My groin hurts and my doctor told me I have hip arthritis. My hip doesn't hurt, how can my doctor be right?
Sometimes we experience pain in a part of the body that is not the actually causing the pain. This is called referred pain and it is quite common. For example, you may have heard that a sign of an impending heart attack can be shoulder and arm pain. Heart attacks don't always cause shoulder and arm pain. However, when the heart is injured, one of the places that pain can be experienced is in the shoulder and arm. How does this work?
In referred pain, the brain essentially gets confused by the messages it is receiving from the body and cannot determine where the pain impulses are coming from. Consider the hip. The nerve fibers that innervate the groin and hip ascend through similar pathways into the brain. When they arrive in the brain, the brain is not able to distinguish exactly which structure sends them and often decides they are originating from the groin.
Referred pain is common and occurs in a multitude of common scenarios:
- A degenerated intervertebral disc in the lower back can refer pain into the buttock and thigh. This referred pain is often confused with "sciatica." Often, and in contrast to sciatica, referred pain is vague and diffuse.
- Arthritis in the small joints in the neck can refer pain into the arm. Sometimes patients come to the office and say they have upper arm pain and we discover the pain generator is actually a small facet joint in the neck.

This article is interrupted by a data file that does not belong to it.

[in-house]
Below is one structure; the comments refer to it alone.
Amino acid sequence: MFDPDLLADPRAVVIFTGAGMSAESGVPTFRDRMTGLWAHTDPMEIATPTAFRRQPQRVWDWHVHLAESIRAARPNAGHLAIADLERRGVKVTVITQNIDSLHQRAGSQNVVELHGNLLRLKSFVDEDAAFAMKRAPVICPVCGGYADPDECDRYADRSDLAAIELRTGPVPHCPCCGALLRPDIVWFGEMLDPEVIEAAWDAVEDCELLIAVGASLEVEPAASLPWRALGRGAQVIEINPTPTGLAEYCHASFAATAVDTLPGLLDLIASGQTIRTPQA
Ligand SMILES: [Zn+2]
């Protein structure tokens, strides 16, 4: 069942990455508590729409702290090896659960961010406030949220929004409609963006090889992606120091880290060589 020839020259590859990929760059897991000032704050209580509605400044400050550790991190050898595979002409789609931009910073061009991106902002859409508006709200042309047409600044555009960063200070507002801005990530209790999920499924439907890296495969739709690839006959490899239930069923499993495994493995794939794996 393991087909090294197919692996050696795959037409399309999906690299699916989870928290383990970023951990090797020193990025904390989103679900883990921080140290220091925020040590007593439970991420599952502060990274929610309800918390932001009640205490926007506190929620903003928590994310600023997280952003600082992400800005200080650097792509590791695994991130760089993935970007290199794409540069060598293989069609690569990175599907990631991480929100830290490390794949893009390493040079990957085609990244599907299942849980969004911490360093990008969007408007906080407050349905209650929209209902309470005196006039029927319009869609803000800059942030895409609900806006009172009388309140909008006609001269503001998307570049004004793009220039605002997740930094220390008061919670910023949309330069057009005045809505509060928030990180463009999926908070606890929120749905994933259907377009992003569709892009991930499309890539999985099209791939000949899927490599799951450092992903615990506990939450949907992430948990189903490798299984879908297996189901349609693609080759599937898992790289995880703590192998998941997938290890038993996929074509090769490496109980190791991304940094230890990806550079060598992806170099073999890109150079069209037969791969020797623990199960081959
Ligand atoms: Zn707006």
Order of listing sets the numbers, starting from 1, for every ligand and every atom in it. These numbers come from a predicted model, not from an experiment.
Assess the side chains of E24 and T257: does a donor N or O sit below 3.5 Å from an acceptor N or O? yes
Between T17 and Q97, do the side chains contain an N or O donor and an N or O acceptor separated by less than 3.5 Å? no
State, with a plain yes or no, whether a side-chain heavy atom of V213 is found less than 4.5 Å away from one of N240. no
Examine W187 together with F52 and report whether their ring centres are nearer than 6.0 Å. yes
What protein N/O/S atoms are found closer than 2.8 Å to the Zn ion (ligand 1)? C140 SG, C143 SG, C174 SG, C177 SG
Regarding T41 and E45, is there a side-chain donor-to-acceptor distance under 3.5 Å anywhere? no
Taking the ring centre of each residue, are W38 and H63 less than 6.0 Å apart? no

- Even the gall bladder has a referral pain pattern. The gall bladder (rarely) can refer pain into the shoulder.
Fortunately, most referred pain patterns are characteristic and predictable (such as in the hip). Referred pain patterns are one more reason why it is important for you to not try and "self-diagnose" arthritis pain. Groin pain may be caused by a multitude of problems including a hernia, groin pull, hip labral tear, hip osteoarthritis, or other pathologic process. Instead of trying to sort it out yourself, see a doctor and let him or her evaluate you to make sure an accurate diagnosis is reached. An accurate diagnosis is the first step toward getting you better and back to your active, pain-free life.
Published On: December 10, 2008